right. So we never know also like without a death, even like how many people around us are grieving, but I would say many of us are very familiar with the idea or how it feels to be ghosted. That’s something that comes up a lot, especially in this community, you know, but it’s the most personal ghosting of all time. Yeah.
It’s just, and it’s permanent. And it’s the person sometimes that you would go to when you felt that way normally for support that has, you know, and that’s not, what’s been done and I’m definitely not using this in correlation with suicide. I don’t feel that way at all in the, in a literal sense, but that feeling, which I can tell by the way you nodded and the way you smelled immediately,
we all know that sort of, I have I’ve I feel like I don’t matter, cause I was not consulted in my entire life shifting, you know, and if we feel that way off of Tinder, you know, imagine a lifetime of a relationship with someone or something that’s so deeply meaningful and then feeling that just immediate cutoff and, and you’re just expected to.
Yeah, well you, yeah, that’s, that’s what happened, you know? So I, I, when I explain it to people my age like that, they, they seem to click in a little bit differently because everybody knows sort of that, like, you have to go through the process, even though, you know, it’s kind of silly sometimes,
but like that feeling of like someone chose not to be here with me, you know, it’s like, that’s kind of what it feels like for a long time, as far as supporting somebody in grief, my go-to is asking, what does support look like for you in this moment? Don’t try to be smarter. Don’t try to be overly helpful. Don’t try to figure it out,
let them be the expert of their experience, ask them what does support look like for you in this moment? Because it also empowers the person who’s grieving. If nobody asks me that, then I never even know what I need either. And then we’re just sort of in this, this tangle, you know, and when people did ask me that, I like,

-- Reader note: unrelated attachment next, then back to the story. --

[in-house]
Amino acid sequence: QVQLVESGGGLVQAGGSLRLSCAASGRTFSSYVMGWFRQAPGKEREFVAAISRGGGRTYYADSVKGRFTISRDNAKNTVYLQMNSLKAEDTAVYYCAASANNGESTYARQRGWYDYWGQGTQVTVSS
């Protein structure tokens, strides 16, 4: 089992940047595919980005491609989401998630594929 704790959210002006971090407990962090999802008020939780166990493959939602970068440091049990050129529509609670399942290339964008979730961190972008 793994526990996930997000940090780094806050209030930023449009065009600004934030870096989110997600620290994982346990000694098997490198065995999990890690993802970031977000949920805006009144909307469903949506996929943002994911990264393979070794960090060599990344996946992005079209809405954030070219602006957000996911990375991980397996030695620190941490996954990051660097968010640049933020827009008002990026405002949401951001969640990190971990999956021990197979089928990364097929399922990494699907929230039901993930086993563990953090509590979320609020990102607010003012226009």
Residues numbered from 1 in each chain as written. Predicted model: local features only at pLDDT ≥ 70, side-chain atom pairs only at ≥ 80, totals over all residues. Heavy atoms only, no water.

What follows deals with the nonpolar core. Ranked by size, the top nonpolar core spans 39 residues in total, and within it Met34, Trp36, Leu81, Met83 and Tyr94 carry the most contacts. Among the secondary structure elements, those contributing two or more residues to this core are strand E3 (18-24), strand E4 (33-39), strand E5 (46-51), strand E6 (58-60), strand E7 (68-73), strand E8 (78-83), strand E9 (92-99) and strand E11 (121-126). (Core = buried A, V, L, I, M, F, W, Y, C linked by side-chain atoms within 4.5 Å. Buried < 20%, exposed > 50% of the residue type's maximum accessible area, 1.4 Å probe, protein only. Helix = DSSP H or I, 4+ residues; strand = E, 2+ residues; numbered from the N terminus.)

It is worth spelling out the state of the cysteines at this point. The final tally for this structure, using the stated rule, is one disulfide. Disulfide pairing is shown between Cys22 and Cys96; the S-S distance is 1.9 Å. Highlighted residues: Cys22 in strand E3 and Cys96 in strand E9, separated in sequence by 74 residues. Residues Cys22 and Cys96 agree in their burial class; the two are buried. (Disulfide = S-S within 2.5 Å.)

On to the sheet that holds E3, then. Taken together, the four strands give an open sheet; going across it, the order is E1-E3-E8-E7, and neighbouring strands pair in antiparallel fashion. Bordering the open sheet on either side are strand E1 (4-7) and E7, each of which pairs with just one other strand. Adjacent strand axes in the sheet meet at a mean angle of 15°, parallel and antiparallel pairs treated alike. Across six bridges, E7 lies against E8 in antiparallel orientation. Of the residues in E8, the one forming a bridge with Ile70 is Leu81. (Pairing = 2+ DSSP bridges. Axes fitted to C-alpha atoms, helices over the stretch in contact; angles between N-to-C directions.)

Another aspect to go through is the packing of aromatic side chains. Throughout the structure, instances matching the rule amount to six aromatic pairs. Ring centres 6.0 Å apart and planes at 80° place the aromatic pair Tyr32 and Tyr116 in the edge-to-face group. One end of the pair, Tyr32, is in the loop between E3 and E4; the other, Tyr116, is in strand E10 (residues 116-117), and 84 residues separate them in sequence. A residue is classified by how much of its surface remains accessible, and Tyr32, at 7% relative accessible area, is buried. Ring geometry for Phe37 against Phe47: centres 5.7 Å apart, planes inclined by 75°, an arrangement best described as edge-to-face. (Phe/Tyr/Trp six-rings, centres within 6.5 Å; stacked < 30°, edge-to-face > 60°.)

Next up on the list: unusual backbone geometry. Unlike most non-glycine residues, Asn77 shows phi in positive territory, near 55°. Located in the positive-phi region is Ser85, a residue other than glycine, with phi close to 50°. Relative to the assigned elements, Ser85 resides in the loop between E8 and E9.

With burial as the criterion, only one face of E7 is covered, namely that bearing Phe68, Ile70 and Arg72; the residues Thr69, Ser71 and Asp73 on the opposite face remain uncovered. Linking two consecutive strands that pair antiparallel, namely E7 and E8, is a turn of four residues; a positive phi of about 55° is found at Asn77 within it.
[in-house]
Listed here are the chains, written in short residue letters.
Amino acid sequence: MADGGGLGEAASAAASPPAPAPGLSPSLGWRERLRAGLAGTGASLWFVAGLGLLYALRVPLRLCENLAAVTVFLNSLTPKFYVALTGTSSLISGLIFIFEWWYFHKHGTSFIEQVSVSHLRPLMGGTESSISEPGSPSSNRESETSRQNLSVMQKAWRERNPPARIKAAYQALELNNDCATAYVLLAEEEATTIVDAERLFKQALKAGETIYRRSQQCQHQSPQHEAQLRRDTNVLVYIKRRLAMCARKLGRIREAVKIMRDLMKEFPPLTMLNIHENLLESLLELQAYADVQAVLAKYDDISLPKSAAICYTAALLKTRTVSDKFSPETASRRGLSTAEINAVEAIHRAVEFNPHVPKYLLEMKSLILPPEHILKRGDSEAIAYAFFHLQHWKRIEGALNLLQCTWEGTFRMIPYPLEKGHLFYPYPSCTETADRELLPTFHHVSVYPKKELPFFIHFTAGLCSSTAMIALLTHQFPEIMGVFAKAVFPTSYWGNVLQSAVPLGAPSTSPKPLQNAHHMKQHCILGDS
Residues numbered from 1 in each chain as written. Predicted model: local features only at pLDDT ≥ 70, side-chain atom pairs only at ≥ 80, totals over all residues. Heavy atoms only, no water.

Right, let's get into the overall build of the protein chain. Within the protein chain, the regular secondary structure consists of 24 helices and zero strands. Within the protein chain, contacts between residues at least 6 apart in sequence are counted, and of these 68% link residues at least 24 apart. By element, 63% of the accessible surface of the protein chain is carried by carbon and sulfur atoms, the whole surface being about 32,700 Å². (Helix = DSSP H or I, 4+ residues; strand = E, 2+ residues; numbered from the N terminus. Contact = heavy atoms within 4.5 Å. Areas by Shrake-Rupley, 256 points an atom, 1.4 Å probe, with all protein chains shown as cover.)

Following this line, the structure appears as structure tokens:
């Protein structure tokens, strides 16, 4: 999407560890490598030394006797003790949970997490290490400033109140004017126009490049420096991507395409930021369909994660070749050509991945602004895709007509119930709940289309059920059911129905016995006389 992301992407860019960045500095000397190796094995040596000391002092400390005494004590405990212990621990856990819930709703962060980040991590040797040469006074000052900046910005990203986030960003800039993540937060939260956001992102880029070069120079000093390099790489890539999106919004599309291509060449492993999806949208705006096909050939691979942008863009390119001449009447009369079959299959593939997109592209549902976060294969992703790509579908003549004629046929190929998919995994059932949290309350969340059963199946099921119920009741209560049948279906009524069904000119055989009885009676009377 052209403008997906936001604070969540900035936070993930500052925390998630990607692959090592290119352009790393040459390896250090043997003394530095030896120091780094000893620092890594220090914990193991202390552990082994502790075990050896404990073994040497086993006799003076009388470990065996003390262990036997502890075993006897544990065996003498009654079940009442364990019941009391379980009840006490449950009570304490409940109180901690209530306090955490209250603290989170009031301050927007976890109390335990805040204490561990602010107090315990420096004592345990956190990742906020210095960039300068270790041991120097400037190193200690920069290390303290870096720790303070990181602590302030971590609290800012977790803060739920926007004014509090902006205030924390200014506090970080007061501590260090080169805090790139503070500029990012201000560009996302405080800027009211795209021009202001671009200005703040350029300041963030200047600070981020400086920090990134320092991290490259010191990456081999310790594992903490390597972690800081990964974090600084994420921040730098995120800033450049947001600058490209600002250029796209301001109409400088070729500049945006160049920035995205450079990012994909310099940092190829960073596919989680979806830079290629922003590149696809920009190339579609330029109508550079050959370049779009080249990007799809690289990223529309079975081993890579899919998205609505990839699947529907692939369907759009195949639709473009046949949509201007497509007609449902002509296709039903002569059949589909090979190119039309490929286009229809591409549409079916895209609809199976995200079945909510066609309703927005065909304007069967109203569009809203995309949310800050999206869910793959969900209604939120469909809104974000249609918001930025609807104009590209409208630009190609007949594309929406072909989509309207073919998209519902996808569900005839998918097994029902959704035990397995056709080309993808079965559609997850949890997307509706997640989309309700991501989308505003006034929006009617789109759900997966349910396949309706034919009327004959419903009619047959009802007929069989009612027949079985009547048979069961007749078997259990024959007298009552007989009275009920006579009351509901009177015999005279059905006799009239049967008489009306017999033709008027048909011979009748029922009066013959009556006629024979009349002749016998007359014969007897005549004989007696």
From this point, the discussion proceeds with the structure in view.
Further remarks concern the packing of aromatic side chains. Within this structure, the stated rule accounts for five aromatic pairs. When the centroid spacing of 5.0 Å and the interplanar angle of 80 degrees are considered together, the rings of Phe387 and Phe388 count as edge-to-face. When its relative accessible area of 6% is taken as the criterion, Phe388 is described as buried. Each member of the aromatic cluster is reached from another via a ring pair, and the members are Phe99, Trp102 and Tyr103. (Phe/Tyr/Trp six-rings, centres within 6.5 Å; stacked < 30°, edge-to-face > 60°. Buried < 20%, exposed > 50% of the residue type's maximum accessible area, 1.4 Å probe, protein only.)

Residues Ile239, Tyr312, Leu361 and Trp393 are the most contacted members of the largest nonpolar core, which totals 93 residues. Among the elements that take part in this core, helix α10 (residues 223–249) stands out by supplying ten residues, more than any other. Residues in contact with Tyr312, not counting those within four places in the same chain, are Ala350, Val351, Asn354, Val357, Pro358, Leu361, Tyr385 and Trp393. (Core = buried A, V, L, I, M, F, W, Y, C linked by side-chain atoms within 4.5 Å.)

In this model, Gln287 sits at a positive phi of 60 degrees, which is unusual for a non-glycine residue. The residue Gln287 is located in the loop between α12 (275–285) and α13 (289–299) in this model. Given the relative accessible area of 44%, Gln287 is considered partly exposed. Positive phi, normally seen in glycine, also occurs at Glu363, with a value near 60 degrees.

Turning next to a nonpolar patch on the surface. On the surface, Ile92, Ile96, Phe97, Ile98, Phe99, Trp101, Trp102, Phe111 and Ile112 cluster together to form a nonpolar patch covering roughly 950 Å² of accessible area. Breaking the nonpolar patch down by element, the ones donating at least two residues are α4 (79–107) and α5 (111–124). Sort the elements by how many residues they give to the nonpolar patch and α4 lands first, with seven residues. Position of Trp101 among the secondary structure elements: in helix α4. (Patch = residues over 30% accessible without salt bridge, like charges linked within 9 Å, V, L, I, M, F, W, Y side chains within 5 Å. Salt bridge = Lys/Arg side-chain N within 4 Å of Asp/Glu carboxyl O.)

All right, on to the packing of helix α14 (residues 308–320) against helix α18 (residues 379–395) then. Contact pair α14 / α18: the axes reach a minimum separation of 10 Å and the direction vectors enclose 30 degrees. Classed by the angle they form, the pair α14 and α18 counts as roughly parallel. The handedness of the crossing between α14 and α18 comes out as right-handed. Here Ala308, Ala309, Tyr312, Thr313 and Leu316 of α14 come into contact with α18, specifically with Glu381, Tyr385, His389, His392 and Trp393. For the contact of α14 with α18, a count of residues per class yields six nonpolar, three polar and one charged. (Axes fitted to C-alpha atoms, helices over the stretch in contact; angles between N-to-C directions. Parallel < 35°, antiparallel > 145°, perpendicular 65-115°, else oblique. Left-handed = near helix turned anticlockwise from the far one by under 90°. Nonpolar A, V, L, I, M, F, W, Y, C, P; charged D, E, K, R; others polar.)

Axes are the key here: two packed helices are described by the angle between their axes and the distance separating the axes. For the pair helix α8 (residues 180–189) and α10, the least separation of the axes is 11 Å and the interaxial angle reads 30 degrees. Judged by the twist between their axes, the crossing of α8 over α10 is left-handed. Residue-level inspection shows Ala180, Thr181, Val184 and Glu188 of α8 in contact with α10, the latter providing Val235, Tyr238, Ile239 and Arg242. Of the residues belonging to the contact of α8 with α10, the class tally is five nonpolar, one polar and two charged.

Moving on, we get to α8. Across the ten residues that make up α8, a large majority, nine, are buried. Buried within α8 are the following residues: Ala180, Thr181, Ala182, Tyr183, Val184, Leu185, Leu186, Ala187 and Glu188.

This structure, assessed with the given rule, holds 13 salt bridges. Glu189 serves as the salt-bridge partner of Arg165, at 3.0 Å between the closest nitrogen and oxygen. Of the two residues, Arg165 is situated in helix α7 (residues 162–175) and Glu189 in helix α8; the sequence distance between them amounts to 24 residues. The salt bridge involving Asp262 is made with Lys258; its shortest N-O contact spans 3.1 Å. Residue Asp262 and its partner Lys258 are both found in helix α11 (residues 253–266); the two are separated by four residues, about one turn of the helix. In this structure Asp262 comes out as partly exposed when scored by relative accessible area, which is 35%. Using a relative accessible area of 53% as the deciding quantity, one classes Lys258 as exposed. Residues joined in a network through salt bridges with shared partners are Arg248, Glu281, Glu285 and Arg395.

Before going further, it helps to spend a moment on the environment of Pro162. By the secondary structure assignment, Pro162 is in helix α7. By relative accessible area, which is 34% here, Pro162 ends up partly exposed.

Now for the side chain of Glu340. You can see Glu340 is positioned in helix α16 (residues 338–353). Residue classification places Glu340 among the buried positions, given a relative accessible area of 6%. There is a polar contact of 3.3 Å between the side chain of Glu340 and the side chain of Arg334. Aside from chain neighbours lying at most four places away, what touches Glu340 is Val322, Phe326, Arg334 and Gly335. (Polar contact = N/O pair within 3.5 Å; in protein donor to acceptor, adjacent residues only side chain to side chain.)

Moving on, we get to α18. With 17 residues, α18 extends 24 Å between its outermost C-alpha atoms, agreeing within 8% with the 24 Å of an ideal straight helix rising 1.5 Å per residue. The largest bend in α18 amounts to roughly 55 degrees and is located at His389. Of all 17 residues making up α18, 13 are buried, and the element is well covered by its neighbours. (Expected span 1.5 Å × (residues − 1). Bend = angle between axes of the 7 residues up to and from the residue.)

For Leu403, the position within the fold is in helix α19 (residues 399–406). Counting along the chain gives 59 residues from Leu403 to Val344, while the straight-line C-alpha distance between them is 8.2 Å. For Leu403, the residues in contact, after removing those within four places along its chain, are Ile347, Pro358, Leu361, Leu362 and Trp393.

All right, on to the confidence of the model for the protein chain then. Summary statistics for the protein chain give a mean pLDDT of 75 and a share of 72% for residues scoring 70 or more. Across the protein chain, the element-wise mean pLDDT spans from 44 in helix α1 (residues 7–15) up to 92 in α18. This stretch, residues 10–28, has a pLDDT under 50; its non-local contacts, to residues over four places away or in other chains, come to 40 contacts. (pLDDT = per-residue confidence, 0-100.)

like I said earlier, nine times out of 10, I want you to be here, but I don’t want to talk. I want, I want to not be alone and I want to be held in a safe space, but I, I know that I will just go hyper and just talk and talk and talk and try to figure out verbally Def,
which is just not healthy at a certain point. Right. So, so just asking, you know, what a support look like for you in this moment, I think is just the number one thing. And you’re supporting somebody. And I don’t know, I think there’s a lot of value in, you know, like you said, we can’t prepare for grief,
but I think it is something we all deal with. So it’s beneficial on both fronts. You’re going to interact with somebody sooner or later, that’s dealing and grappling with grief as well. So I think there’s something about becoming familiar with these grief processes and these grief books and resources that exist before you have to, I would say that like my whole drive for the men’s mental health movement was based on my story as to like encourage men to take the step before it’s absolutely necessary because it’s so different when you’re approaching therapy,
wellbeing, anything mental wellness for the first time, from a place of survival, if you can approach earlier. And I think it also just benefits in, in, in the way we support everyone around us and how they deal with their mental health and their grief. If we’re not learning about it in sort of the red zone of the moment of it happening and needing to be there or to help or to support,